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UA Studies Socioeconomic Impacts of Deepwater Horizon Spill
The UA's Brian Mayer is conducting a long-term study to examine and mitigate the socioeconomic impacts of the 2010 Deepwater Horizon oil spill in the Gulf Coast region.
While other researchers study the environmental damage caused by the 2010 Deepwater Horizon oil spill, the University of Arizona's Brian Mayer is conducting a long-term study to examine and mitigate the socioeconomic impacts in the Gulf Coast region.
Mayer, an associate professor of sociology, brings his work to Tucson from the University of Florida, where he was an assistant professor for six years before being recruited to the UA.
After the spill, the nation's largest, a wide variety of academic resources in the Gulf Coast region were focused on addressing the aftermath, environmentally, economically, socially and from a public health standpoint.
For Mayer's five-year project, funded by a $1.7 million grant from the National Institutes of Environmental Health Sciences, he and a team of collaborators are working to assess the social vulnerability and community resiliency, studying at four field locations in Cedar Key, Apalachicola and Pensacola, Fla., and Bon Secour, Ala. Like many Gulf communities, all four depend primarily on fishing and tourism for economic activity.
"After the Exxon Valdez in 1989, there wasn't any long-term look at what the individual or community health effects of the oil spill were," Mayer said.
To some degree, the communities in Mayer's study saw negative impacts caused by false perceptions.
"What we're finding is a lot of the effects are the same whether or not there was oil present on the shore," he said. "If you didn't live on the coast, you thought the whole Gulf Coast was covered in oil. Restaurants around the country were asking if their seafood was contaminated, and the region's market share declined rapidly because of public fears."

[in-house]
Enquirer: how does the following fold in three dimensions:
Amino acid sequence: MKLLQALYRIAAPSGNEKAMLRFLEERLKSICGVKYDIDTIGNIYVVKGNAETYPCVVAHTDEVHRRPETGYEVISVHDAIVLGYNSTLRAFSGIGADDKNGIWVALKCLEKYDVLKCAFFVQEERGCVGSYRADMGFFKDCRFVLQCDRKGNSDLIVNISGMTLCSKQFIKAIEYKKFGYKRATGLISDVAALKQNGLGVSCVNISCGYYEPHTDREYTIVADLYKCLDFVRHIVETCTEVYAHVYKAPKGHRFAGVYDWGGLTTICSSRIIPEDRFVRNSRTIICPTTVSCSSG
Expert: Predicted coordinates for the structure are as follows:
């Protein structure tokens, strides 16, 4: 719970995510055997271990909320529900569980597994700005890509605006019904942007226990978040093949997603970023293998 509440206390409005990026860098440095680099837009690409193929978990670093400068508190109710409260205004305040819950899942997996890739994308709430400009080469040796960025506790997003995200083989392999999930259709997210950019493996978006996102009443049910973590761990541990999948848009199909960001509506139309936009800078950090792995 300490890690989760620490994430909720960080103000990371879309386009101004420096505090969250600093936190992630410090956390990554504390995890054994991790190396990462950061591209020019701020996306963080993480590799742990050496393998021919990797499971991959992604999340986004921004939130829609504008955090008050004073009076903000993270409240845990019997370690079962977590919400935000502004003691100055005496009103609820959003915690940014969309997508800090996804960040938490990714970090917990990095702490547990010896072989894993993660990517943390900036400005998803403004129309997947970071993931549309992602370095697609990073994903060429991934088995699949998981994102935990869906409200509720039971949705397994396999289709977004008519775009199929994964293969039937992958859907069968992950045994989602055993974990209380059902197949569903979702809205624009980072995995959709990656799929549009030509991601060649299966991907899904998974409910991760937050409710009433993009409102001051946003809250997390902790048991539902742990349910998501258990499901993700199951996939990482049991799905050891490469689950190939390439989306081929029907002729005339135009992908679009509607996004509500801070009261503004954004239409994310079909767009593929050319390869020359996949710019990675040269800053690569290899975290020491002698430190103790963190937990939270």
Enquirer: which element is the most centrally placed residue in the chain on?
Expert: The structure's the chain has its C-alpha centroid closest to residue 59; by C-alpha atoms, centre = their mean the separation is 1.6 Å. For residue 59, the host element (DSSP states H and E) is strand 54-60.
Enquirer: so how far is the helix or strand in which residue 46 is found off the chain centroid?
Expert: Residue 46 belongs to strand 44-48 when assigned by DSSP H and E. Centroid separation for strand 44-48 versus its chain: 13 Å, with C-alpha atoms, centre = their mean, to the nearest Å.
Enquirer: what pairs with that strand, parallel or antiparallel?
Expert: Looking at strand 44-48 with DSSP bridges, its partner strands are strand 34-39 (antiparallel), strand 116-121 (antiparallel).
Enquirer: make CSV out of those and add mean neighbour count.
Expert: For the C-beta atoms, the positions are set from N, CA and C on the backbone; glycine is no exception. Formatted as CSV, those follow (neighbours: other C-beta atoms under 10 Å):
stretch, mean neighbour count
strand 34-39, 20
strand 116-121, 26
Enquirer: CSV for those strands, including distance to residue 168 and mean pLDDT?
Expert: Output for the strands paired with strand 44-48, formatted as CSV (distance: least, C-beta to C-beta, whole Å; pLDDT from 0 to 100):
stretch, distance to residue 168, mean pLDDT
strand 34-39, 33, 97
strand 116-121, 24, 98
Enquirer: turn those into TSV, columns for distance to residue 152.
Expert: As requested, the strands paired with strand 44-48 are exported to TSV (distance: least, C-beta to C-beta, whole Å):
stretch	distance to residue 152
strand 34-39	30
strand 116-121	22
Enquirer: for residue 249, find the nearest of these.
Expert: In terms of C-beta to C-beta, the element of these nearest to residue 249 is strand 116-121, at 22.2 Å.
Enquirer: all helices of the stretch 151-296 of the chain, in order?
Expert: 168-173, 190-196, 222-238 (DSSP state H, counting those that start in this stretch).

Compared to the fishing industry, tourism dollars returned relatively quickly, with post-spill revenue actually surpassing above pre-spill years, inflated at least temporarily by the massive advertising campaign BP conducted to promote the beaches and seafood to be enjoyed at modest cost.
Another aspect of Mayer's study examines the resiliency of those Gulf Coast communities, and he's found that how they interact with others around them can have an impact.
"Florida communities are more isolated, which was a big strength. But if tourism or seafood go away, can one live without the other?" he asks. "Alabama, though they had more oil and economic damage, they recovered more quickly because their model of resiliency is based on their integration outside the community with other stakeholders, based on networks of people."
Those Alabama communities were already in touch with the governor's office, state university officials and others and thus had more outside help.
Mayer and his team are working to produce a number of papers as the recovery efforts continue: how marketing strategies impacted tourism, what factors swayed outside-the-Gulf perceptions about food safety, and examinations on several aspects of the compensation process, including equity and impacts on the timing of dispersal.
"It was the wild west out there when the money was first hitting. It changed how the communities operated when the money was dropped in," Mayer said. "For some of the small coastal villages, a lot of people didn't pull in that much money at a time."
Mayer will return to the Gulf Coast communities this summer to continue work building a comparative model of the spill's socioeconomic impacts, one that could bear insights for other technological or natural disasters, like Hurricane Sandy.